- The Washington Times - Saturday, April 27, 2002

Washington Redskins quarterback Patrick Ramsey caught himself looking around when he reached the practice field yesterday. The first-round pick's dream of playing pro football was really happening.

"I said, 'Here I go. Here's what I've been looking for since I picked up a football,'" he said. "This is more than worth [the wait]."

Imagine how Ramsey would have felt if he had thrown a pass in team drills. The rookie was limited to handoff and individual passing drills, the adrenalin charge causing him to bounce a few hard ones off receivers' hands and chests. Coach Steve Spurrier delayed Ramsey's debut against the defense until today.

"Patrick just doesn't quite know everything that's going on yet. We'll get him more involved," Spurrier said. "He needs a lot of practicing, learning our terminology and system. He can throw it. He has a strong arm. He wants to sort of gun it. It takes a while."

The Redskins opened a three-day minicamp looking for a front-running quarterback. There also will be 14 coaching sessions beginning in mid-May to further shape the pecking order before training camp begins July 23.

No one took the early lead after two workouts that Spurrier labeled "average." The defense was clearly ahead during team drills with numerous interceptions and deflections.

"Nobody's looking super. We have to look a lot better than we were pitching around," Spurrier said. "They're coming around. You can't expect perfection right away. We threw some bad balls, [made] bad decisions. Our expectations are pretty high with quarterbacks."

The "Fun 'n' Gun" sputtered at times. The downfield timing was off. The short game was sometimes errant. However, several reverses and long runs energized the offense and showed the scheme's potential.

"There is an extra excitement out here. It's wide open," quarterback Sage Rosenfels said. "The offensive players are excited to see what the magic's all about."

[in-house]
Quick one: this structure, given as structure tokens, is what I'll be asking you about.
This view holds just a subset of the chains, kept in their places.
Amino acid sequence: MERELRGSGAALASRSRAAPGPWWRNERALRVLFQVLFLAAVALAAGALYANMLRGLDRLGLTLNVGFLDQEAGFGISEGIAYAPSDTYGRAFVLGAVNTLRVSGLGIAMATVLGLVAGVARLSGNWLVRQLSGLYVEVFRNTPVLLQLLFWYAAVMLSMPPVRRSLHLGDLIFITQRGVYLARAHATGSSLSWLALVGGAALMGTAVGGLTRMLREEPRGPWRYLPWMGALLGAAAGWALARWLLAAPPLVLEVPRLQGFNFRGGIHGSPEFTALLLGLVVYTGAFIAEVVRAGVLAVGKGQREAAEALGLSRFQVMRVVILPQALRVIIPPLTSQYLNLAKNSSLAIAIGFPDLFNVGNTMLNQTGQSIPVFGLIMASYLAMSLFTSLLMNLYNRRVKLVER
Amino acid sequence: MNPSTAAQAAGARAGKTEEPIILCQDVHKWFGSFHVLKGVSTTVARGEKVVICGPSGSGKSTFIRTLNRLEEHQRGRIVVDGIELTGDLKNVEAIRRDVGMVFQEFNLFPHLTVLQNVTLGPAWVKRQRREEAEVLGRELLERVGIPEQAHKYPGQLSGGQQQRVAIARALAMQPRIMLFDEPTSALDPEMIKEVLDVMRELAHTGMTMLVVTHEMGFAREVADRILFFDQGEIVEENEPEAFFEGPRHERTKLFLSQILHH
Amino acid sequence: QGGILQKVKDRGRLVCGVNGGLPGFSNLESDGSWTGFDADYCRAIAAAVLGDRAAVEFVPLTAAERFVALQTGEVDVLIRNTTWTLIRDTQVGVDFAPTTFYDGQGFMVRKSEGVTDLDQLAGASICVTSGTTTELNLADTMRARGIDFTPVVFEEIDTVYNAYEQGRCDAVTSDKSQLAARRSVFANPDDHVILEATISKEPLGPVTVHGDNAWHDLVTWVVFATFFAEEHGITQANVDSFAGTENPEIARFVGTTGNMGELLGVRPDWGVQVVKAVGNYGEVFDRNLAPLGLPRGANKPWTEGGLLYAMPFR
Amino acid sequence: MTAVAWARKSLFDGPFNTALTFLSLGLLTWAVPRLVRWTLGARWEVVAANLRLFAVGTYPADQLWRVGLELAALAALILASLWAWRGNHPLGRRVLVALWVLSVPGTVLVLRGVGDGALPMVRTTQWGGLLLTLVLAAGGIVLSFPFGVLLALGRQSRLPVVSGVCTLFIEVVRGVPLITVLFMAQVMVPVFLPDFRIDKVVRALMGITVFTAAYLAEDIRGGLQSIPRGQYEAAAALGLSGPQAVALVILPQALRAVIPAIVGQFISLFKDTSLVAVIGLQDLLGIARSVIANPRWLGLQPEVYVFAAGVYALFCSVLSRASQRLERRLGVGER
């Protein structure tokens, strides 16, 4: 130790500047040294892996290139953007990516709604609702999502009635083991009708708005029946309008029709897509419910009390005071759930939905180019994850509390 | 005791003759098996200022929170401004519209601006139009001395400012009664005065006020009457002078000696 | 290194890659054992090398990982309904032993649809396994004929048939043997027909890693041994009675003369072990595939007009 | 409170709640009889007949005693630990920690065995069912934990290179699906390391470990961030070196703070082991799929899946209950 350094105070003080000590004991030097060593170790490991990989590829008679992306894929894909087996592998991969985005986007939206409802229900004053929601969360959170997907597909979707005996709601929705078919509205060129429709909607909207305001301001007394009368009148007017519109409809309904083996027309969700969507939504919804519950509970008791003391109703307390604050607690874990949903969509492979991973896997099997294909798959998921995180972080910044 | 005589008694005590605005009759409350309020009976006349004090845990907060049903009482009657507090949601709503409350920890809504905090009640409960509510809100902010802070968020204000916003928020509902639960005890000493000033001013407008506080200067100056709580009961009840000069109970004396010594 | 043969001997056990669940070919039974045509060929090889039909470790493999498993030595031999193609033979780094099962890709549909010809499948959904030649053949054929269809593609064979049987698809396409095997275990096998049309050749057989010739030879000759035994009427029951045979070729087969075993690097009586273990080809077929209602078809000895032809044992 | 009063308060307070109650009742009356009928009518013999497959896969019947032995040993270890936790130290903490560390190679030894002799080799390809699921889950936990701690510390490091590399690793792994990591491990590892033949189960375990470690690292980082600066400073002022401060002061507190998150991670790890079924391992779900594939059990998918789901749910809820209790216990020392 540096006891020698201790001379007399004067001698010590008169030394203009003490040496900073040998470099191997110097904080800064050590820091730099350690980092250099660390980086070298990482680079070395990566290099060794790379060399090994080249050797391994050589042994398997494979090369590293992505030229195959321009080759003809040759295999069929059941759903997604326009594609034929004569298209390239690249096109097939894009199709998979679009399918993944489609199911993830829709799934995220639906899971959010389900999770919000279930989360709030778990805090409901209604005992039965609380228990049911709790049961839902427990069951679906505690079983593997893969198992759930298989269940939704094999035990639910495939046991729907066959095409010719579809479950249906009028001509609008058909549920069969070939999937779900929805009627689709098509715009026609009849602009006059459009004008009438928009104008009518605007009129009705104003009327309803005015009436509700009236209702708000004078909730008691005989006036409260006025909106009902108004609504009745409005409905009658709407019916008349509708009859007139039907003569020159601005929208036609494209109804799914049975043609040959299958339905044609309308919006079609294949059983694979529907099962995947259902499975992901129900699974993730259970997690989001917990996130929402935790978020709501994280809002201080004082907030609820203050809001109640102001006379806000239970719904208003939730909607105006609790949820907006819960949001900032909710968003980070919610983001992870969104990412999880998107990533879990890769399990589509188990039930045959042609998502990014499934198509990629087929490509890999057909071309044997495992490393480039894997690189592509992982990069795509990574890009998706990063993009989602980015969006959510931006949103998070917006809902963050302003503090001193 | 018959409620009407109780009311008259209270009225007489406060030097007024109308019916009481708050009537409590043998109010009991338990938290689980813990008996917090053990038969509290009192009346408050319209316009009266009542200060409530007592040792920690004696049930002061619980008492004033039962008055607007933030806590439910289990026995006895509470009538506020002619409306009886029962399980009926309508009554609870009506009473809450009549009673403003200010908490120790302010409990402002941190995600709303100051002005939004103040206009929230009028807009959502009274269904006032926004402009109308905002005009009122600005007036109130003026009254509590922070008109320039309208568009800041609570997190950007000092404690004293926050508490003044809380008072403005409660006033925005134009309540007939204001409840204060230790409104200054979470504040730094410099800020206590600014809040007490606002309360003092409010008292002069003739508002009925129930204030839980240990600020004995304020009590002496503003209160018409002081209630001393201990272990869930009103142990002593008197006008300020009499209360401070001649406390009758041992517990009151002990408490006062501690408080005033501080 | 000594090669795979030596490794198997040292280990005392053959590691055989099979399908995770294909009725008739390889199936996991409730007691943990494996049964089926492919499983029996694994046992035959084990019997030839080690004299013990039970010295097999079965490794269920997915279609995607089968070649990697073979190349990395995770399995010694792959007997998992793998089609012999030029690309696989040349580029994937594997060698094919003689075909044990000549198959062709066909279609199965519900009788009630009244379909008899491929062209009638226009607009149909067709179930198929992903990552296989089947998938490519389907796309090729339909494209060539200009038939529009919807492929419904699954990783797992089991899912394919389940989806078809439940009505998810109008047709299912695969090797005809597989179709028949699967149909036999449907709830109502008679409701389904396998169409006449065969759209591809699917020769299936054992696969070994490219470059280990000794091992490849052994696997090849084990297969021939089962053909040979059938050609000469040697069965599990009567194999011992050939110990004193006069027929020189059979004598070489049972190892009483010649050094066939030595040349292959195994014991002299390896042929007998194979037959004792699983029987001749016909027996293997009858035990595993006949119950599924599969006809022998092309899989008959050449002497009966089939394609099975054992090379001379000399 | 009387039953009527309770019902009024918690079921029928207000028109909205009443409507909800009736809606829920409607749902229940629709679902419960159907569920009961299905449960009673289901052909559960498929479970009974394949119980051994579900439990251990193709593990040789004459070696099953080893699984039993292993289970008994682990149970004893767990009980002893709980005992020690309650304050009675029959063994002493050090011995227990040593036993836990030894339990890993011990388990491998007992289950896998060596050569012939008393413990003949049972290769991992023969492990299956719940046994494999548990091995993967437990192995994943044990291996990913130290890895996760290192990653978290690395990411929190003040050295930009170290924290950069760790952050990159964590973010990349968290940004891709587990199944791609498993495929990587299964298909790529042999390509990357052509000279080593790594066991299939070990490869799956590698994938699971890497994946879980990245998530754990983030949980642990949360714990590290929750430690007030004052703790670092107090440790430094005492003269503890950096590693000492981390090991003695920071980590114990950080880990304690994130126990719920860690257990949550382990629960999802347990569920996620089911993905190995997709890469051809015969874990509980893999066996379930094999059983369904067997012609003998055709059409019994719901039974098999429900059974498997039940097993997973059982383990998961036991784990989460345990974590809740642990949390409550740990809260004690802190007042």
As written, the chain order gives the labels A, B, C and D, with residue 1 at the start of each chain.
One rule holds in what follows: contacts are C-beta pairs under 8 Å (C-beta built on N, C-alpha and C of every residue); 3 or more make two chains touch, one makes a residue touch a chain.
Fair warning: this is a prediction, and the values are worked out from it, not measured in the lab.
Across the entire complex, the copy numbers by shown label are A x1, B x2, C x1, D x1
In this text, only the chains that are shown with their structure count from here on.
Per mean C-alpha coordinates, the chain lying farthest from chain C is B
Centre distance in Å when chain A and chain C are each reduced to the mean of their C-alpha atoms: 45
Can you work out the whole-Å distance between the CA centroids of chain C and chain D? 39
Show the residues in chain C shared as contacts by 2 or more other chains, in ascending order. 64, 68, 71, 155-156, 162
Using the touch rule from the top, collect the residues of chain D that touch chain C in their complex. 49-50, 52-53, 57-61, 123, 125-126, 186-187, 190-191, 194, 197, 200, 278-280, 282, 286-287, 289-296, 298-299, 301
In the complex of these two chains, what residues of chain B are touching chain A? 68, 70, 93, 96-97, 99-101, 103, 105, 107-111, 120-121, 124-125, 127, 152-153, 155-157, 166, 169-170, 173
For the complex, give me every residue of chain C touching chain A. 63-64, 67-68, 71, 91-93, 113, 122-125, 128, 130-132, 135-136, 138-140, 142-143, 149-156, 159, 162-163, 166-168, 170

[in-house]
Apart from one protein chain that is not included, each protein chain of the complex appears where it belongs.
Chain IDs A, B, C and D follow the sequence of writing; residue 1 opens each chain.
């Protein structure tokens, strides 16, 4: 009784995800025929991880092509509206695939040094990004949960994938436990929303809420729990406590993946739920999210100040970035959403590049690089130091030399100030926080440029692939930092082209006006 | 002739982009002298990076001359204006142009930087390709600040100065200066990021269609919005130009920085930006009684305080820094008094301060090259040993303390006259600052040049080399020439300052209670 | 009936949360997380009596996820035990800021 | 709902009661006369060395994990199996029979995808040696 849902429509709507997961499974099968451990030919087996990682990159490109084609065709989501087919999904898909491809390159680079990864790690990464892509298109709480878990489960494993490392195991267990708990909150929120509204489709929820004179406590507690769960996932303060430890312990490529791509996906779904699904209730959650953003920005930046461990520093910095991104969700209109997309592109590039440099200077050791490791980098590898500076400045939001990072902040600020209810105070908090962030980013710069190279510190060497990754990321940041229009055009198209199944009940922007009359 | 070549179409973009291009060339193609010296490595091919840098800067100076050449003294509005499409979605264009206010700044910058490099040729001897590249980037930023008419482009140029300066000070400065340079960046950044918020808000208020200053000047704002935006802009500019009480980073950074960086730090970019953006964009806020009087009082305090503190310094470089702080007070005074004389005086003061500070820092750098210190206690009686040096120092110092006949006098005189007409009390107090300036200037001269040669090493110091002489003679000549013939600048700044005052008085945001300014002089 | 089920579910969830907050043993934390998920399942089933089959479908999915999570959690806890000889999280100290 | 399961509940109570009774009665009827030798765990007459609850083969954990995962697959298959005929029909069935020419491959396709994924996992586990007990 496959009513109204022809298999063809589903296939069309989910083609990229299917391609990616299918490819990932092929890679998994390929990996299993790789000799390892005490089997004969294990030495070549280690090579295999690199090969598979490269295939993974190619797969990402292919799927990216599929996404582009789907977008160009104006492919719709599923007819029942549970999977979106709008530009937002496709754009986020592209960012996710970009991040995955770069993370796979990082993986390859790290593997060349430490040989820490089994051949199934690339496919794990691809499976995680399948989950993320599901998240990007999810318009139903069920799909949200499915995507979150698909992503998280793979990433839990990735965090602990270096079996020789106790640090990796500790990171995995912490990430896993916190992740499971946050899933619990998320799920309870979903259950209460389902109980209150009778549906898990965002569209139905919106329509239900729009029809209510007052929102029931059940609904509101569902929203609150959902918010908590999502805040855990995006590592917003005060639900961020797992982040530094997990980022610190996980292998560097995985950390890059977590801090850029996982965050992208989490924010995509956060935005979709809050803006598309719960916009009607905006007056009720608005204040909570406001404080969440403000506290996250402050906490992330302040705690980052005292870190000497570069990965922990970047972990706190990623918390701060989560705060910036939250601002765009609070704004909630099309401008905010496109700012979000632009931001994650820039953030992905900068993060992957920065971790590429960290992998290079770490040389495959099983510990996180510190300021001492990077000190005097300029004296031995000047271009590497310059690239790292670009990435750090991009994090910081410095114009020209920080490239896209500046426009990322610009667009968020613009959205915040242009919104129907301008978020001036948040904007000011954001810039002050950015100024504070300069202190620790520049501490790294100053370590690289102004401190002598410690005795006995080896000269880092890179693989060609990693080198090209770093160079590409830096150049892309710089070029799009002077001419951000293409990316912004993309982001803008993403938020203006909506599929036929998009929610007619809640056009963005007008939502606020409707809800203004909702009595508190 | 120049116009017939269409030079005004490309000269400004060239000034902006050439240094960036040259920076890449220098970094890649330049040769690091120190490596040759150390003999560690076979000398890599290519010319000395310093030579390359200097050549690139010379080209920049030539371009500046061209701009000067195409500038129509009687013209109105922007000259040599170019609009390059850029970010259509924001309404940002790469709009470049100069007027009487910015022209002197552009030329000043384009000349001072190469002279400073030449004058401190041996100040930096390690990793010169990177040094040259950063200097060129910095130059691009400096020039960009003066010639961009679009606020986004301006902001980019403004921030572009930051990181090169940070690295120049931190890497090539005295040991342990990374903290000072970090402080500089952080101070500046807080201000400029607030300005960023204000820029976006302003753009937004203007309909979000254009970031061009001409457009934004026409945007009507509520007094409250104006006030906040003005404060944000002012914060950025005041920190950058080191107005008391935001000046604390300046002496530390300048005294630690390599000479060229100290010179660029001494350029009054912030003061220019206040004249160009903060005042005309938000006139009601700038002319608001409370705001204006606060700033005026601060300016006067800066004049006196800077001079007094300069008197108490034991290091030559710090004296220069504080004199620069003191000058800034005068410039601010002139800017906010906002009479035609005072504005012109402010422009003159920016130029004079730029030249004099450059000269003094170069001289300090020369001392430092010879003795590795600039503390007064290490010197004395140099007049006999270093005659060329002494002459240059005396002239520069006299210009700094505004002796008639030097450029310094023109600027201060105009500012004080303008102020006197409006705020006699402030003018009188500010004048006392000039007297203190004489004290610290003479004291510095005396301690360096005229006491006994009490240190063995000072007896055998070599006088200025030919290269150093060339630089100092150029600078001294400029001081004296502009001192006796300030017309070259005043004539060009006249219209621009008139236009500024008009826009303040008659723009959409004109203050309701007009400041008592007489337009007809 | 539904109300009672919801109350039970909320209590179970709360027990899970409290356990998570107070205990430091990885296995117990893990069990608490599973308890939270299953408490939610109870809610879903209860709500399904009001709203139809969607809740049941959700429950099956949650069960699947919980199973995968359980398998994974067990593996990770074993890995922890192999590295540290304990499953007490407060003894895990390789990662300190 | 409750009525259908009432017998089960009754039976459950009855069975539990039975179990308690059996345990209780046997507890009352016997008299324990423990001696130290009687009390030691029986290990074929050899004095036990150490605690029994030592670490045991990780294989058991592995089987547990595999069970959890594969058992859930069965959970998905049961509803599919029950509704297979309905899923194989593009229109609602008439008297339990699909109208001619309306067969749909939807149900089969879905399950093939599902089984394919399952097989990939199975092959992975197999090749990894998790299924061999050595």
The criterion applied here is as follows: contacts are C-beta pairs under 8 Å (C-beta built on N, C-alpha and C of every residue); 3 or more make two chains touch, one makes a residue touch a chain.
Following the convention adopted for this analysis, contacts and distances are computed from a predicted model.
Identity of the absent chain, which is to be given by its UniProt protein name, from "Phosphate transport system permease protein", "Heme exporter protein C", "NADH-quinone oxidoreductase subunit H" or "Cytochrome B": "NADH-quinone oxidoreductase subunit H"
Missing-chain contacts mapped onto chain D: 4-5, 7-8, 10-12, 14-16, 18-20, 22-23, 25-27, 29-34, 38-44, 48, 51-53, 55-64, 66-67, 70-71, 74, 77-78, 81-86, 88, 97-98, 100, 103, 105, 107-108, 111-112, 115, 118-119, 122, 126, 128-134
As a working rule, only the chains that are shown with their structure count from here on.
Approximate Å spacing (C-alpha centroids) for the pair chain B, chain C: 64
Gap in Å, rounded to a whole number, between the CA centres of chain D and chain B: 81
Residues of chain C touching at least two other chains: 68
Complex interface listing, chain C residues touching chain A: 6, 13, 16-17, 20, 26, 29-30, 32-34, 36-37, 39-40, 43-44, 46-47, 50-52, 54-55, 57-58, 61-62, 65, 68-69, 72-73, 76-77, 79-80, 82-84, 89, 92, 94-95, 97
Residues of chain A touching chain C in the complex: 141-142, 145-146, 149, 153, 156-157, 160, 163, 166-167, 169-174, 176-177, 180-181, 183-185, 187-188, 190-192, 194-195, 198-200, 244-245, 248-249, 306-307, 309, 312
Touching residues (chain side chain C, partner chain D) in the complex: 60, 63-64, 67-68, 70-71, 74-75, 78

Quarterbacks Danny Wuerffel, Dameyune Craig and Rosenfels worked with the starting offense. Spurrier corrected their head positioning to avoid tipping defenders to the intended receiver and tried to hurry their releases under a steady pass rush. None of the passers seemed overwhelmed by the playbook.

"In some senses, it's the easiest offenses you'll ever run in terms of calling formations and plays," Wuerffel said. "We don't waste a lot of mental part of the game on those things. In terms of decision making approaching the line, it's very complex."

Wuerffel seemingly has the early edge. After all, his six career starts are the only ones among the quartet.

"I try not to have expectations and be prepared for everything," Wuerffel said. "I don't know what could happen. I could be playing and doing well. I could be home without a job. You never know."

Wuerffel has been helping Ramsey despite the possibility of losing his job to the rookie. Wuerffel remembered former New Orleans Saints quarterback Billy Joe Tolliver helped him as a rookie in 1997. Then again, Wuerffel joked he was helping Ramsey with "his left-handed throw."

Ramsey spent the morning session working on handoffs with the running backs and the afternoon with receivers. Mostly, there was a lot of watching and listening.

"They were a little bit faster [than college], but the speed of the game is different," he said. "I'm trying to adjust to every play."

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